~  listening abilities."....teaching children listening skills is one of the most important traits we as adult human beings can help (children to) develop ...... from academic and real world success to becoming a friend and experiencing true friendship." What is needed is that children actively in an intentional, engaging way, listen. The writer of "Little Ones Reading Resource", suggests the skill of proper listening, as they describe above, happens through children being regularly read to  - Teaching Children Listening through Reading.     Again, referring to my post "Should the Screen be My Child's Play Pal?", Nobel Prize winning neuroscientist Eric Kandel, developmental psychologist Patricia Greenfield and a Stanford University research group, comment on the damage to attention and concentration skills that over technology use, permanently gives to people of all ages.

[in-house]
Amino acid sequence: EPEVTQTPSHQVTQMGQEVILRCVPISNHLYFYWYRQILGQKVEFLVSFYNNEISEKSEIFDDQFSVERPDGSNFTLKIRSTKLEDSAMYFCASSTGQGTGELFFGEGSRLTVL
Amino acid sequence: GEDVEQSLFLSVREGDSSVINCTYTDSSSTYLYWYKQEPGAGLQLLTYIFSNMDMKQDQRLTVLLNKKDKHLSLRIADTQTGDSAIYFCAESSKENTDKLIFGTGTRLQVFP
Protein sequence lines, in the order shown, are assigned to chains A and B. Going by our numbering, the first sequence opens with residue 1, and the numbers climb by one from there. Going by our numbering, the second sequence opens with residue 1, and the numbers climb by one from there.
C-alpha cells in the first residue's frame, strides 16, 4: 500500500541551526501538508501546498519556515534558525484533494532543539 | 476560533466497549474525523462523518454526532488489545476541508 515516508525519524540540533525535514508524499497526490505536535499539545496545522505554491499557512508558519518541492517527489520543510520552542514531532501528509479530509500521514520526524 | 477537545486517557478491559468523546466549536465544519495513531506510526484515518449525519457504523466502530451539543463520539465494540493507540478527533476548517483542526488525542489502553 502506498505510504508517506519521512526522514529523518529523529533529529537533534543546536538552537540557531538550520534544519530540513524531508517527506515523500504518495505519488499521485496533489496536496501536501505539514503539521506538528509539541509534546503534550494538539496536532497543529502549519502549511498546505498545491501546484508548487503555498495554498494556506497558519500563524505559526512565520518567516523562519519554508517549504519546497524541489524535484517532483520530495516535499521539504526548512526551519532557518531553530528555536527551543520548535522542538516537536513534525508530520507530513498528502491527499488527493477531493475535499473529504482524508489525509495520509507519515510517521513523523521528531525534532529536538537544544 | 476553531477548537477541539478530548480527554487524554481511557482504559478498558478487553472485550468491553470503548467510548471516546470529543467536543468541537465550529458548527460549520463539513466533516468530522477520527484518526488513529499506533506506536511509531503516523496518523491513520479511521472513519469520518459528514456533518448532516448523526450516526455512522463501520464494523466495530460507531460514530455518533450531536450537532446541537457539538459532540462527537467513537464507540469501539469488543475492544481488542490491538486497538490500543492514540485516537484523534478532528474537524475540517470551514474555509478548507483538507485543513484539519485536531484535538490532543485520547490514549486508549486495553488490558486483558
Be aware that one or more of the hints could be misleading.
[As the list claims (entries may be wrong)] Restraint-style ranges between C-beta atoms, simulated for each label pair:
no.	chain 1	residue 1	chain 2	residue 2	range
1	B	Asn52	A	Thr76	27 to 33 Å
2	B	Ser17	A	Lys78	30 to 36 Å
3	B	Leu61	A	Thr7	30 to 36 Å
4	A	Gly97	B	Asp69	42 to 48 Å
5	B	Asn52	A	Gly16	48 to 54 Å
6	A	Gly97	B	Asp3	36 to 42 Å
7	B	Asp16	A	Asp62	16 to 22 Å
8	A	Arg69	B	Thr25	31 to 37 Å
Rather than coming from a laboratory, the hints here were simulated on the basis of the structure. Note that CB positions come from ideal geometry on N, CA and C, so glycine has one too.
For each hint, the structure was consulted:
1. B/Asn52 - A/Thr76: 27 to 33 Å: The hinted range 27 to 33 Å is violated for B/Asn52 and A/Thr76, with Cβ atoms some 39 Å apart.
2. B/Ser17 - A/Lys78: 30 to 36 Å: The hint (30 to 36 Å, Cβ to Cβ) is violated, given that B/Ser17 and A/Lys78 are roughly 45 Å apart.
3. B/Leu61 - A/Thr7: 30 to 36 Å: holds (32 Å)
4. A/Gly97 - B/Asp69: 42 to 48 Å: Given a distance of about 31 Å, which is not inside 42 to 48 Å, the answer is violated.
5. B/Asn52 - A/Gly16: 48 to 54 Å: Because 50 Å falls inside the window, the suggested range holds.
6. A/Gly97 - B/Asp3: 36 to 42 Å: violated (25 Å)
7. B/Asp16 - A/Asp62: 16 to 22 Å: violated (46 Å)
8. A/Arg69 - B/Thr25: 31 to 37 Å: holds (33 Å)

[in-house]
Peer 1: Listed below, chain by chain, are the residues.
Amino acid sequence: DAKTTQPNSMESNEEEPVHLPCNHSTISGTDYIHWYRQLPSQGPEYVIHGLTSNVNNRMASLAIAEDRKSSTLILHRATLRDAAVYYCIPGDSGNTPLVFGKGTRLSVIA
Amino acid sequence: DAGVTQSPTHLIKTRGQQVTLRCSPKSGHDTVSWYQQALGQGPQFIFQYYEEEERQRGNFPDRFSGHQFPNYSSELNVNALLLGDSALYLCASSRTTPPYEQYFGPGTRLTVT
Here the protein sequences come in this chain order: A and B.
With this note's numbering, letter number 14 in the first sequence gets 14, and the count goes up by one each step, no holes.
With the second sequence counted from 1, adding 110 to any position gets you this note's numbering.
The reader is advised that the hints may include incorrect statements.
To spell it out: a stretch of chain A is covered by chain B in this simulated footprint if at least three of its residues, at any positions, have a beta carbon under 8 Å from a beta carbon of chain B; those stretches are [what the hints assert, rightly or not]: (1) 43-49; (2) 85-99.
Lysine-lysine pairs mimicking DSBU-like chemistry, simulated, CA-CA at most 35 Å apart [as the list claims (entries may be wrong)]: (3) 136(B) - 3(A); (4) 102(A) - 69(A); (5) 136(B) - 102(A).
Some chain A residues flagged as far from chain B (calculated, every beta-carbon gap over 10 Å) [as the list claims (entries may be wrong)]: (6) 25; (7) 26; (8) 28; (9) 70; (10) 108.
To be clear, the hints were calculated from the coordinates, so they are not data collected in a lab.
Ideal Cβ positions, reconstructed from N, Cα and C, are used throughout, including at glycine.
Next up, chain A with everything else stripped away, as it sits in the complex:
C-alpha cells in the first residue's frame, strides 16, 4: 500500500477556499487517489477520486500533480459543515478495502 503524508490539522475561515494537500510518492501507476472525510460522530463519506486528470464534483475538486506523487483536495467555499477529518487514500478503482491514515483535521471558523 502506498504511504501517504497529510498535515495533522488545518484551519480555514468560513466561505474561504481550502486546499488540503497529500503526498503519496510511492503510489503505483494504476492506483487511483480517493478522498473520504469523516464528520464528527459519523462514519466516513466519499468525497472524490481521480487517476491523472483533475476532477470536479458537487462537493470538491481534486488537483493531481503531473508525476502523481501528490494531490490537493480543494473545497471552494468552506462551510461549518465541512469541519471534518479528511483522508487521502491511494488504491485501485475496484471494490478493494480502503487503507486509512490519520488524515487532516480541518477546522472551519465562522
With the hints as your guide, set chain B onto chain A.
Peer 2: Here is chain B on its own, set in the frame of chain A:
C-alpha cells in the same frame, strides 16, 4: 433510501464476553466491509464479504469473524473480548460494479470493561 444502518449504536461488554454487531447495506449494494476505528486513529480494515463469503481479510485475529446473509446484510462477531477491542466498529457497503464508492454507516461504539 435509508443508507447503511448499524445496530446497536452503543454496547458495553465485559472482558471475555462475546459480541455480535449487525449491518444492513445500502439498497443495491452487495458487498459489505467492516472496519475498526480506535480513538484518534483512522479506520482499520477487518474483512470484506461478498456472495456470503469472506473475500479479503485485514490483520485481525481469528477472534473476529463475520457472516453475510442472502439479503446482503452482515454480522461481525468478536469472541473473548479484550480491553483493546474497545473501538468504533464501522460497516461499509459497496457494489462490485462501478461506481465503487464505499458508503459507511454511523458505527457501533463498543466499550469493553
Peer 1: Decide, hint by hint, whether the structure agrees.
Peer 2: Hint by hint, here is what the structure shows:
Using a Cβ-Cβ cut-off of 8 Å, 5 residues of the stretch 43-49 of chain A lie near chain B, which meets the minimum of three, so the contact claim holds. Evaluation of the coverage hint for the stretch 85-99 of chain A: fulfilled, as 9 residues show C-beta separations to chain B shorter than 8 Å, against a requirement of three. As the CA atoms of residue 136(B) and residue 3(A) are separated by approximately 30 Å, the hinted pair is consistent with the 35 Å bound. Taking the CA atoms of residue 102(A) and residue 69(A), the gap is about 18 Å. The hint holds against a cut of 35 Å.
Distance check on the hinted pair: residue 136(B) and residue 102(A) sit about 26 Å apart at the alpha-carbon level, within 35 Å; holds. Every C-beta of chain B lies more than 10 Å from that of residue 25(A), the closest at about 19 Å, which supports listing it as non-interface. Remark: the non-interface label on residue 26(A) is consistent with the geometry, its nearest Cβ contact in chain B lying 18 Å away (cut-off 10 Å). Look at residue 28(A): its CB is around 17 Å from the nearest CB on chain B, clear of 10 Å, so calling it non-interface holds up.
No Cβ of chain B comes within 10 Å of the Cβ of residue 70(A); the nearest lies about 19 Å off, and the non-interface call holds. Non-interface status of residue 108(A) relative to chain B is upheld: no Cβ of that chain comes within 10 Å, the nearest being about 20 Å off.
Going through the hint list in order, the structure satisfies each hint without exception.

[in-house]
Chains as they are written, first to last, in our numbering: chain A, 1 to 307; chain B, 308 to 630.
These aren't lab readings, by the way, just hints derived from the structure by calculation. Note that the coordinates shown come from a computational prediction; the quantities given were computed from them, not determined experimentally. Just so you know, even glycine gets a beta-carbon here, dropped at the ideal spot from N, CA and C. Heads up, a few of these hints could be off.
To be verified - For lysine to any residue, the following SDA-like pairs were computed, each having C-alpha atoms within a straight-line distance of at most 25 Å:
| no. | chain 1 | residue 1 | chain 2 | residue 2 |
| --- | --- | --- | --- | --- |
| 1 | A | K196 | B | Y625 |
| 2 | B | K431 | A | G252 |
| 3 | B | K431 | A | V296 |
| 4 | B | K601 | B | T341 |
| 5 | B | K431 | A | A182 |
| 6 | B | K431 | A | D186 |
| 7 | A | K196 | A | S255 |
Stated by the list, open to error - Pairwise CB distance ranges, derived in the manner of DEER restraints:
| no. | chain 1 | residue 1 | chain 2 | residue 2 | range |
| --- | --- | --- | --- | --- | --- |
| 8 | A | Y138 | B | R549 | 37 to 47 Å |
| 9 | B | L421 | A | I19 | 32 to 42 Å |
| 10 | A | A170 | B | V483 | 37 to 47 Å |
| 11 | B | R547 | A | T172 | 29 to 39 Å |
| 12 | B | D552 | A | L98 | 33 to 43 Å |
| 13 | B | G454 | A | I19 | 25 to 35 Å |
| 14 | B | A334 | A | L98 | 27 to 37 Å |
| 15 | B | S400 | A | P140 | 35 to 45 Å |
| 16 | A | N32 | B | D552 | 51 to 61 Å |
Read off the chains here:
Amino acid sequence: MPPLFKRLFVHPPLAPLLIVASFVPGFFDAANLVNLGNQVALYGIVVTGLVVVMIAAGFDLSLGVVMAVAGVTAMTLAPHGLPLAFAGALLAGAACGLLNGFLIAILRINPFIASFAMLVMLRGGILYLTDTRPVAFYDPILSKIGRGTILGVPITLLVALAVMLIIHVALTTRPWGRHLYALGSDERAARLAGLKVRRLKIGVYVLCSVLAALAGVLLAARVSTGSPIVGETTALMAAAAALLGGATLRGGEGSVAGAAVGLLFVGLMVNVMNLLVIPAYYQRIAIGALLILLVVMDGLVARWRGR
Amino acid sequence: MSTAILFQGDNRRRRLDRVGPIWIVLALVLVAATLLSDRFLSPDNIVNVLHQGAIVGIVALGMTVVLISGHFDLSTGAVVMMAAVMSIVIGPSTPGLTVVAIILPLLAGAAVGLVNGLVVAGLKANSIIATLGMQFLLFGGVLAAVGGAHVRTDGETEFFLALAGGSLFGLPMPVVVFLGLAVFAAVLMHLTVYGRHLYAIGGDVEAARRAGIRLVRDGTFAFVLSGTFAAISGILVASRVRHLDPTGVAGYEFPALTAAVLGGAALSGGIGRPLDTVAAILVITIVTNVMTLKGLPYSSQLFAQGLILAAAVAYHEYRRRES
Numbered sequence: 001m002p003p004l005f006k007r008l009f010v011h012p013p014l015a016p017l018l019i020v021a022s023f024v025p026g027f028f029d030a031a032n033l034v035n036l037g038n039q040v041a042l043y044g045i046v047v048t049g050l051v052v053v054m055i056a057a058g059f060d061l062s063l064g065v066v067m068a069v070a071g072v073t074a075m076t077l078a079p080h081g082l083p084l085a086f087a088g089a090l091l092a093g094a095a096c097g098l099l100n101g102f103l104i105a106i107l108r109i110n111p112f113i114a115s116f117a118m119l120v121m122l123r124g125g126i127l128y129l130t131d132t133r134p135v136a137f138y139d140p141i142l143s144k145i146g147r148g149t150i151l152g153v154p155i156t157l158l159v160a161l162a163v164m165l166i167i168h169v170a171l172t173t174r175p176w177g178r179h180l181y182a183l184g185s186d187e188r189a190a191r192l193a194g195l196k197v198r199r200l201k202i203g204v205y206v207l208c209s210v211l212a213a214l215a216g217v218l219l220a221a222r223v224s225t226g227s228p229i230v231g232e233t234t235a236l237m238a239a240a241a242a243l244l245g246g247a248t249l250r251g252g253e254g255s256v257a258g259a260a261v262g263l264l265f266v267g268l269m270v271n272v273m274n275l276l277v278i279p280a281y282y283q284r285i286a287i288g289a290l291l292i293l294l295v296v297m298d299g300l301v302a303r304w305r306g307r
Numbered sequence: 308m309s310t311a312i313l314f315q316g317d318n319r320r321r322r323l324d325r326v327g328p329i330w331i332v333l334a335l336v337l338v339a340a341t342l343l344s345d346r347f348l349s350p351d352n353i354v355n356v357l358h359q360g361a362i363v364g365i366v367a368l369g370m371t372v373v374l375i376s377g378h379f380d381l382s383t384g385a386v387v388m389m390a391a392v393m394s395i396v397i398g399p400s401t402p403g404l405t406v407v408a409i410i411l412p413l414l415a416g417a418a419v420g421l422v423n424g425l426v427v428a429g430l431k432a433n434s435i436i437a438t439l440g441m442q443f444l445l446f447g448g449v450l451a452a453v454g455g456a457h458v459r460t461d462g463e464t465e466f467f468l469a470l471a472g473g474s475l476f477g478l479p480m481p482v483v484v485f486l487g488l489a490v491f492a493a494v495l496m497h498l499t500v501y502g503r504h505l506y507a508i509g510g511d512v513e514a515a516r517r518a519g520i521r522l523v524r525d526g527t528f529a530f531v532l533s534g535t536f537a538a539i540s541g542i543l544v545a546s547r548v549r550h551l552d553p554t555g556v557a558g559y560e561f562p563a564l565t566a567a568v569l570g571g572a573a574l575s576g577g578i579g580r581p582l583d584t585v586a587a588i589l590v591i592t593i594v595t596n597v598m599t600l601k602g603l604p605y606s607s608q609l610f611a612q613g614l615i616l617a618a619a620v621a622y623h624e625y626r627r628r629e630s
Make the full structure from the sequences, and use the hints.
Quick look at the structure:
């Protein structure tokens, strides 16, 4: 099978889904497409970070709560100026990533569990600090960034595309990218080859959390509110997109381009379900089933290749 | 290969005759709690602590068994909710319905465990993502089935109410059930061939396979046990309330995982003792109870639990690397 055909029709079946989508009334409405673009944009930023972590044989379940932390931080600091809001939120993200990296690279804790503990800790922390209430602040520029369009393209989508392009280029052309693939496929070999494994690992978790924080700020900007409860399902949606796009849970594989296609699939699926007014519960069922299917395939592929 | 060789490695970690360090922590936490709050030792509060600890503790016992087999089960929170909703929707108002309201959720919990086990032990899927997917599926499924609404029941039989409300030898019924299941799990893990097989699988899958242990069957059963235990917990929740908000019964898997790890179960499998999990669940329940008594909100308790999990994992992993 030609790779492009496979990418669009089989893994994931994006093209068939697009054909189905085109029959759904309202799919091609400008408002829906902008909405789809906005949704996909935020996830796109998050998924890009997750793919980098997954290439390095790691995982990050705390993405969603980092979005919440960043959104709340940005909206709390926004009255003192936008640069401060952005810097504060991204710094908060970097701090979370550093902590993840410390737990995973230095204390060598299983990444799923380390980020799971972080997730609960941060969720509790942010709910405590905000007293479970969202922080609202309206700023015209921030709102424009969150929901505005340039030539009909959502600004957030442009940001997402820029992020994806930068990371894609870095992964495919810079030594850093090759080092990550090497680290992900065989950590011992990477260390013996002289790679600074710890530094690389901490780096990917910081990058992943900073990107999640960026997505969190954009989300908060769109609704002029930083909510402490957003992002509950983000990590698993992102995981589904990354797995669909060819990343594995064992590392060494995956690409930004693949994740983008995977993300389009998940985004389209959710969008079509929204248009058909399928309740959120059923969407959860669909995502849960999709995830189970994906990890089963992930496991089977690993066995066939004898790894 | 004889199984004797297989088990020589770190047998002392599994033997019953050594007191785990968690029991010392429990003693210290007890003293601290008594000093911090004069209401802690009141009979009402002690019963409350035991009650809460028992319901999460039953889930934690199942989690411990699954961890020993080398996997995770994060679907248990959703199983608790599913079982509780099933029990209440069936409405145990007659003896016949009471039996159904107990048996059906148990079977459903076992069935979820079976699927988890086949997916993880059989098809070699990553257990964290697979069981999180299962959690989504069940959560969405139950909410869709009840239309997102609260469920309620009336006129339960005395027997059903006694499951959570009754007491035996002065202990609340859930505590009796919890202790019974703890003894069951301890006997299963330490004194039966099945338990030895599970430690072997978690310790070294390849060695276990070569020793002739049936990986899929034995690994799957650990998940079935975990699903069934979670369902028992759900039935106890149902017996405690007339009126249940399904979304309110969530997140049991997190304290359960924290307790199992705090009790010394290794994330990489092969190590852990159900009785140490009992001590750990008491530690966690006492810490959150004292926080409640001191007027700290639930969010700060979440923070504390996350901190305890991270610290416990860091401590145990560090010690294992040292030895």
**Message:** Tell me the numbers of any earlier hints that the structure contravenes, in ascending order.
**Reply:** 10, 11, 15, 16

" + Expression.
The human face is capable of hundreds of subtly different emotions. You would have to be incredibly clever with your words to communicate through a keyboard all the emotions we can express with our face and body language. Even if you use smiley faces.
A strange things happens to babies born blind. At first, they smile as much as sighted babies, which makes us smile back at them. But, because they can't see our smiles, they eventually stop smiling, and tend to have 'blanker' faces than sighted people. This could happen with people who have an extensive online life. They have rich emotions, but they don't get the visual feedback from the people they are interacting with. Interacting on a computer, we are blind to the feedback....unless you are using your webcam.